'My new life': Matt’s undying gratitude after liver translant

A NEW LIFE: Matt Wensley, 19, with his mother Jo and organ and tissue donation specialist nurse Sonia Braithwaite are all celebrating the teenager’s successful liver transplant paying tribute to the courage of the donor and their family. Photo: STEVE GOSCH                                                                    0719transplant1

A NEW LIFE: Matt Wensley, 19, with his mother Jo and organ and tissue donation specialist nurse Sonia Braithwaite are all celebrating the teenager’s successful liver transplant paying tribute to the courage of the donor and their family. Photo: STEVE GOSCH 0719transplant1

WHEN the phone rang in the middle of the night for 19-year-old Matt Wensley of Orange, it turned out to be the call that has changed his life.

The teenager has a new outlook on life after a liver transplant at one of Sydney’s major teaching hospitals.

“I was in Canberra when I got the call, and I rang mum straight away - I didn’t know what to do at first,” he said.

The young man who has previously suffered the debilitating effects of a poorly functioning liver, before his transplant often did not have the strength to get out of bed, sleeping long hours as a result of his condition, and unable to engage in physical activity such as sport with his friends.

“I want to make the person who donated my new liver and their family proud and I want to make the most of my new life and achieve as much as I can,” he said.

“The person who has done this for me is a hero in my eyes.”

Several weeks on from his successful transplant Mr Wensley is well enough to resume his university course, studying at Charles Sturt University to become a teacher.

“It is so wonderful to see him so well, but at the same time it is sad to think someone has lost a person near and dear to them,” his mother Jo Wensley said.

Mrs Wensley said when she received a call from her son to say a new liver was waiting for him in Sydney it was hard to believe.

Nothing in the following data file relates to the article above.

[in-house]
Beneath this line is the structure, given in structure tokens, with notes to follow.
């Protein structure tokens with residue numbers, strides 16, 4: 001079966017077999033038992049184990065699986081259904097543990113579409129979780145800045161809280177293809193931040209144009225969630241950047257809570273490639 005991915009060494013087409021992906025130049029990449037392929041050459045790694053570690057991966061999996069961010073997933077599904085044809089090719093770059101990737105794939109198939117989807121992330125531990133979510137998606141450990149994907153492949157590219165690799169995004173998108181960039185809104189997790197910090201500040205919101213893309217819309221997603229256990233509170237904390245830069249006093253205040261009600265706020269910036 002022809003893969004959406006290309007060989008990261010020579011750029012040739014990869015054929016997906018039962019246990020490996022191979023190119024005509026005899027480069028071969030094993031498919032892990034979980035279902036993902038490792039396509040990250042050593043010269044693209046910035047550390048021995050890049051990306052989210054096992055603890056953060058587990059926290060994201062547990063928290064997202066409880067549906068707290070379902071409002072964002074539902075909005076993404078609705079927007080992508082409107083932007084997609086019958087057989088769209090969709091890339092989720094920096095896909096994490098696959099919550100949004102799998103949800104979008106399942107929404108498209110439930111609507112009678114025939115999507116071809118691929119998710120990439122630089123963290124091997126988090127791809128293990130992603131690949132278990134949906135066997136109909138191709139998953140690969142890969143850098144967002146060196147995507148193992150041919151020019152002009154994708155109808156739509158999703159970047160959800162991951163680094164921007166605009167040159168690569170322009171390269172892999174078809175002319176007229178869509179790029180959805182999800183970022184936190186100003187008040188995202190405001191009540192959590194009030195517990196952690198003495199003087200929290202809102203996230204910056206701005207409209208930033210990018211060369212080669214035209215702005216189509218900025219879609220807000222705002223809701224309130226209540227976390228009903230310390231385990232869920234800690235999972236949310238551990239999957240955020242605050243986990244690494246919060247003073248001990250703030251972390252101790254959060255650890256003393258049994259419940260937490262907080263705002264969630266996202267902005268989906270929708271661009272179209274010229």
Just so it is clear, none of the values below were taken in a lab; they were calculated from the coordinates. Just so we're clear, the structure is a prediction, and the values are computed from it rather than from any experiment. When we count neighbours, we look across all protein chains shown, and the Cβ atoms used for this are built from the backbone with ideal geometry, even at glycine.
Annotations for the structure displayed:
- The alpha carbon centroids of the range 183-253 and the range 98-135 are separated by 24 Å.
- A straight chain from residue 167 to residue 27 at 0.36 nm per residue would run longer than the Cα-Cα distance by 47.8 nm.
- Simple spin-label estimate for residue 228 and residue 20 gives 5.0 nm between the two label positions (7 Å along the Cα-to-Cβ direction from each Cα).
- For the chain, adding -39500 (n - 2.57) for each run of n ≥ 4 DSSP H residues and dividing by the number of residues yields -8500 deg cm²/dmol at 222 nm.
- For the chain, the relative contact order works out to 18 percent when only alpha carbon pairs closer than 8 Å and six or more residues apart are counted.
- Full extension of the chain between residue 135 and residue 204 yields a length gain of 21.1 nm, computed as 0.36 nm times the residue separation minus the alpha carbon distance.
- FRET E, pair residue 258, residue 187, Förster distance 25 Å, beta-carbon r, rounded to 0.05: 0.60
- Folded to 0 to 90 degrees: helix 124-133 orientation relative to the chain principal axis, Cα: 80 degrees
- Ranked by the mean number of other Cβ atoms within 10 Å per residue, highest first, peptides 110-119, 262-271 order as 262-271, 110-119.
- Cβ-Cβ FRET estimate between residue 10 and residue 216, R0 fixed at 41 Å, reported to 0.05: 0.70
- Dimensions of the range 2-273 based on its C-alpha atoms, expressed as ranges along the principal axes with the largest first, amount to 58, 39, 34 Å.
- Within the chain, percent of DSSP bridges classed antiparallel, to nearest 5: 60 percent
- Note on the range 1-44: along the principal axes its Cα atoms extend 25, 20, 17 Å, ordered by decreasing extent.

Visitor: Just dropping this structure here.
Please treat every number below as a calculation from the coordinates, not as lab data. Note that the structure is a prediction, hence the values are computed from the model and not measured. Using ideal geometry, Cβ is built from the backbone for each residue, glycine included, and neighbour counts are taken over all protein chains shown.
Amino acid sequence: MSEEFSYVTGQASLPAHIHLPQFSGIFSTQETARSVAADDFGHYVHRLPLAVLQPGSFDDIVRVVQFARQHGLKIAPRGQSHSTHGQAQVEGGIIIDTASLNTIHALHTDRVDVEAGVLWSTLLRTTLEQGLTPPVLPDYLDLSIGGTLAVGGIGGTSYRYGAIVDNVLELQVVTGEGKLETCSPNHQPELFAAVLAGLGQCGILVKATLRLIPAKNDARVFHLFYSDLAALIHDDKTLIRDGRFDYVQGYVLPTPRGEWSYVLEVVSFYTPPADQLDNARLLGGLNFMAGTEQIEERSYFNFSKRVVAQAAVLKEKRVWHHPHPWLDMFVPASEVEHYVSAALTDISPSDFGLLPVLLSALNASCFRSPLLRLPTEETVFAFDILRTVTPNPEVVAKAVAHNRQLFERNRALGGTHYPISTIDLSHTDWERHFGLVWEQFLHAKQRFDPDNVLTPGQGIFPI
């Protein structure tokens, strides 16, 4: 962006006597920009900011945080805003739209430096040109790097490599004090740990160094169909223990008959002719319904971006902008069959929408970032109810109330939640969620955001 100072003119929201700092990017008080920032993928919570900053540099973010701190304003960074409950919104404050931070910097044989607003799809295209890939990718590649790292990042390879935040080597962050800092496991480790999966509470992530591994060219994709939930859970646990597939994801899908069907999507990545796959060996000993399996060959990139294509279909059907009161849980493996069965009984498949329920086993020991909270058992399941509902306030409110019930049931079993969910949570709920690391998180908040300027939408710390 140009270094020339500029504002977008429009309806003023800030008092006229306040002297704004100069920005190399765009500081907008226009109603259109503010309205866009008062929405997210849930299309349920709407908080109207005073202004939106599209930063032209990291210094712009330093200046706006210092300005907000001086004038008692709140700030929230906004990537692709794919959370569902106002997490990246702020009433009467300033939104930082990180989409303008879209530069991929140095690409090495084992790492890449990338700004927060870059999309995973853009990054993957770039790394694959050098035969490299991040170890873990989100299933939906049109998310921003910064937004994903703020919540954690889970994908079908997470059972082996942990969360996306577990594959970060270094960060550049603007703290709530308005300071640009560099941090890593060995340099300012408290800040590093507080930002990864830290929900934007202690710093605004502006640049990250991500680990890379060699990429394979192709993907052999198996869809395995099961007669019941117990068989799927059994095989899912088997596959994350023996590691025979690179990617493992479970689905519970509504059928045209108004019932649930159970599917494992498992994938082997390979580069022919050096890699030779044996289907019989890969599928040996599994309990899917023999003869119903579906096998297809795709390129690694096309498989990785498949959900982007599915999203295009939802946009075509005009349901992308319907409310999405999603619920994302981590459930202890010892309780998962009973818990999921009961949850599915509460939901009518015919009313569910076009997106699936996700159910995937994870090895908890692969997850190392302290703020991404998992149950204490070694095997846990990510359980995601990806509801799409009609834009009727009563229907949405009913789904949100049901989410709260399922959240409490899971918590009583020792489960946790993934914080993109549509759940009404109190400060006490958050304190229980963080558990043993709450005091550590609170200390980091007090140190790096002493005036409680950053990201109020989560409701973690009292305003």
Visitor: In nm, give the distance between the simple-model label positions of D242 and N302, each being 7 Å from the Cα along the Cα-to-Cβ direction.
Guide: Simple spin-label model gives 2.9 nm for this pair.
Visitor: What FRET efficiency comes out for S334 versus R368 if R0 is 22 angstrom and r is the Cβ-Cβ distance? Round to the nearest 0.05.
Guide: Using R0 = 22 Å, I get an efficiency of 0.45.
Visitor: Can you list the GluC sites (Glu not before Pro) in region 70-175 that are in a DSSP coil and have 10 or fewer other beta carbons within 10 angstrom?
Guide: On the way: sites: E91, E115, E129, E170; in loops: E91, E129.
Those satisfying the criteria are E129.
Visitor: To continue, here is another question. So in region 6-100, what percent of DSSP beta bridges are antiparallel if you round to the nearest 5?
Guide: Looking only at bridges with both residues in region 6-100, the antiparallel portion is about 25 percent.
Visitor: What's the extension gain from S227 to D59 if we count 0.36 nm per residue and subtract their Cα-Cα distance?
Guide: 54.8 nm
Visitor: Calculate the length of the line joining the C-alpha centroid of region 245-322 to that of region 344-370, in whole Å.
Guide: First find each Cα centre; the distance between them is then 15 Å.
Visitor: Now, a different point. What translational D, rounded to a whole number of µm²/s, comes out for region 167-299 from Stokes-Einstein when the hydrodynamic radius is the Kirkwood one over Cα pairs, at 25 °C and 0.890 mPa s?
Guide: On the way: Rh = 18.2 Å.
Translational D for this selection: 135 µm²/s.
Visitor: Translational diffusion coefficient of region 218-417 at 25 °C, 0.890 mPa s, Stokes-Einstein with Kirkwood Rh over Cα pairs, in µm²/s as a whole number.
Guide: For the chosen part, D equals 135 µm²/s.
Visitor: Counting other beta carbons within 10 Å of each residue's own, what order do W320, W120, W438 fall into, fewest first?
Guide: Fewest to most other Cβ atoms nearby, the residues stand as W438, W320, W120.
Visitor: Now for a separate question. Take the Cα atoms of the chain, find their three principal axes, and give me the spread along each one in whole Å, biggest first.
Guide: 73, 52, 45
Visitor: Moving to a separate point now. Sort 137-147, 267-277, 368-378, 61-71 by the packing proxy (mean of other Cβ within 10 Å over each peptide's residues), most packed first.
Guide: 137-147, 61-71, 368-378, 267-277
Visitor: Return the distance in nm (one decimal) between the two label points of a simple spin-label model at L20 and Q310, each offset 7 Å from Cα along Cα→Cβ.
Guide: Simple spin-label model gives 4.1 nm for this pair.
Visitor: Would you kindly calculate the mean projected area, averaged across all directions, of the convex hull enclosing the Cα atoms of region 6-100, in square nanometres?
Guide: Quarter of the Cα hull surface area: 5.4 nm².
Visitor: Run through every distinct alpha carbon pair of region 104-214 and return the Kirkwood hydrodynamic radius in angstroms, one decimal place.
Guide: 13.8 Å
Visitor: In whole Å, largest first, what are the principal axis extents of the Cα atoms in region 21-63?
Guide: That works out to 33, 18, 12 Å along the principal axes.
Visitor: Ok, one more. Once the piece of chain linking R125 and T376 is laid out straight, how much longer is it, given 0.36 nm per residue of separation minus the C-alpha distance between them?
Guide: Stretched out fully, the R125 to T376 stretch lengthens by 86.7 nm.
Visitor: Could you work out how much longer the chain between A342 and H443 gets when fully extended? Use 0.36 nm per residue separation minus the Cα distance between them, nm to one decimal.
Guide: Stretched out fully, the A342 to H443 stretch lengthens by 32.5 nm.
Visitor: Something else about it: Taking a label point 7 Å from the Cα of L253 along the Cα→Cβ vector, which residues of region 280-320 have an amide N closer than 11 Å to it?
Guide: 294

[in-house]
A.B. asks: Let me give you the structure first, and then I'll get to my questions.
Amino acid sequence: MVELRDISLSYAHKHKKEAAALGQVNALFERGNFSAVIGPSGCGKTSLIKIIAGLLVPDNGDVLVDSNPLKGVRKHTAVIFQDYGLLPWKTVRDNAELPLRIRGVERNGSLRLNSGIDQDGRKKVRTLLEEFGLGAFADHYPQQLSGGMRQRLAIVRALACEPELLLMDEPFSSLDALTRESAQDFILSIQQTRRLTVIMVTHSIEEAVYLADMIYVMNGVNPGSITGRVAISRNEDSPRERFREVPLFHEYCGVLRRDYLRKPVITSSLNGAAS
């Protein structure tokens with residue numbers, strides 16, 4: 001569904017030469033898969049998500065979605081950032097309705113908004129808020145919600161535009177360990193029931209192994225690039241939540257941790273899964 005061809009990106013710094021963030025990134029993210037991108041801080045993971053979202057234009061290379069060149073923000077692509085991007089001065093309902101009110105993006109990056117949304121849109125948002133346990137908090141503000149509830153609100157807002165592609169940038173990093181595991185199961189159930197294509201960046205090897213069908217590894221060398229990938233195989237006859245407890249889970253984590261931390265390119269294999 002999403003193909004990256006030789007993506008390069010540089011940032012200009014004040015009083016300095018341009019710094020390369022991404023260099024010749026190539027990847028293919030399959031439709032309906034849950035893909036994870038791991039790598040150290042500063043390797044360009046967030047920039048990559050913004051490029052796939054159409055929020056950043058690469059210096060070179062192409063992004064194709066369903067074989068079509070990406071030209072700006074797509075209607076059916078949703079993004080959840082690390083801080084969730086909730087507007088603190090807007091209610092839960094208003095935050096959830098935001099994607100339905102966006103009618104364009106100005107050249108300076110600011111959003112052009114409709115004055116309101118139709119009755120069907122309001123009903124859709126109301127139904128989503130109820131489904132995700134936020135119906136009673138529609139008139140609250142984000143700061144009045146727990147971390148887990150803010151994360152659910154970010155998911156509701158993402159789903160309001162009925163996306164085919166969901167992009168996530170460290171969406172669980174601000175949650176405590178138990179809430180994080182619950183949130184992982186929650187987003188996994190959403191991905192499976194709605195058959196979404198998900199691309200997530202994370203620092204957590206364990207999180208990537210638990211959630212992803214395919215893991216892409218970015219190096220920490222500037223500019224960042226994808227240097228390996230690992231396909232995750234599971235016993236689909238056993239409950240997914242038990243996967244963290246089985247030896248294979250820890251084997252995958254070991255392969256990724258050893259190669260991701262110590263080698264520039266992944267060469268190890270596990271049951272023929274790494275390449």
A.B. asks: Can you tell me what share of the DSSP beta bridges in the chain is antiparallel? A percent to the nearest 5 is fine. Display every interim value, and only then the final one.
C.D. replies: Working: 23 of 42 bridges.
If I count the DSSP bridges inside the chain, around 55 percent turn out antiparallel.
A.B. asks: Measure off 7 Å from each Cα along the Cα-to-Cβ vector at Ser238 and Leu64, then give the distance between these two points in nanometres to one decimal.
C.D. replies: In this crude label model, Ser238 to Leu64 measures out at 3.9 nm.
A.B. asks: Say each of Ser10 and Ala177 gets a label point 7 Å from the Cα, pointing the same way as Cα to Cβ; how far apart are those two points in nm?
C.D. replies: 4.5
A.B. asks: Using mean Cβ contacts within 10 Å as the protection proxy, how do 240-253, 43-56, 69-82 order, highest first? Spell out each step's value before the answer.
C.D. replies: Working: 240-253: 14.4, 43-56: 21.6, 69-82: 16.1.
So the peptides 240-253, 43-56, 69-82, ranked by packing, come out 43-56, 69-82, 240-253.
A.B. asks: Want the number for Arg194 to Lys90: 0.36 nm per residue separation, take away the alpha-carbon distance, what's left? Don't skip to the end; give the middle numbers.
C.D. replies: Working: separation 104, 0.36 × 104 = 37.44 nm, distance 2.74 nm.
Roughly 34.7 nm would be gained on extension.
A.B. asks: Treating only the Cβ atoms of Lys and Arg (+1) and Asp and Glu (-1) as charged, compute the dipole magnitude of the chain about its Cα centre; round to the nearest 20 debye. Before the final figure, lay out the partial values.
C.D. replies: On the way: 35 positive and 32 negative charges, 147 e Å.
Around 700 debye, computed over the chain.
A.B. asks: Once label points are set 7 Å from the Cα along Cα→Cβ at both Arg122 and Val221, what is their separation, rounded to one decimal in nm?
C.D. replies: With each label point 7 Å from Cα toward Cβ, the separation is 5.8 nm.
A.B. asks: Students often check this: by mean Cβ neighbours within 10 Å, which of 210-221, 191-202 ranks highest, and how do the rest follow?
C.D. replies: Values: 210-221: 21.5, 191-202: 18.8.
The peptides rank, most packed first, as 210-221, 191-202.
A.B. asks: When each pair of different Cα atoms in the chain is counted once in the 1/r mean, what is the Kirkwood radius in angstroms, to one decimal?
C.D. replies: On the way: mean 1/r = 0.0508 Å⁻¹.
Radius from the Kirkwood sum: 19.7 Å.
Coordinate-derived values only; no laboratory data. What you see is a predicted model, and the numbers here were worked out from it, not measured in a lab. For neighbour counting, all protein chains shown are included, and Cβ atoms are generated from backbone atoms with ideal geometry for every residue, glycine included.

“I got the family organised and my husband Steve and I prepared to head off to Sydney.

“My other son did a wonderful job looking after his sister while we were in Sydney for a few weeks,” she said.

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The young university student came through his 11-hour operation by a specialist transplant team with flying colours.

“I was up and walking in just a couple of days,” he said.

Mrs Wensley says she feels as though she has a new member of the family.

“He gets up early, his colour is great and now he has an appetite.

“I admire the strength of the family who has allowed this to happen for us as it has been wonderful for Matt,” she said.

“And to the fantastic team who did the surgery on Matt our family cannot thank you enough for your care and commitment.”

Organ and tissue donation specialist nurse at Orange hospital Sonia Braithwaite said it is stories such as Matt Hensley’s she hopes will inspire people to think seriously about organ donation.

“I am absolutely delighted for Matt and at the same time we have to be mindful a family has lost a loved one and their compassion and generosity has given Matt a lifestyle he could never have hoped for in the past,” Ms Braithwaite said.

“People need to be mindful there is no longer the option on your licence to indicate you want to be an organ donor,” she said.

For more information about becoming an organ donor go to the webpage for Australian Organ Donor Register.

janice.harris@fairfaxmedia.com

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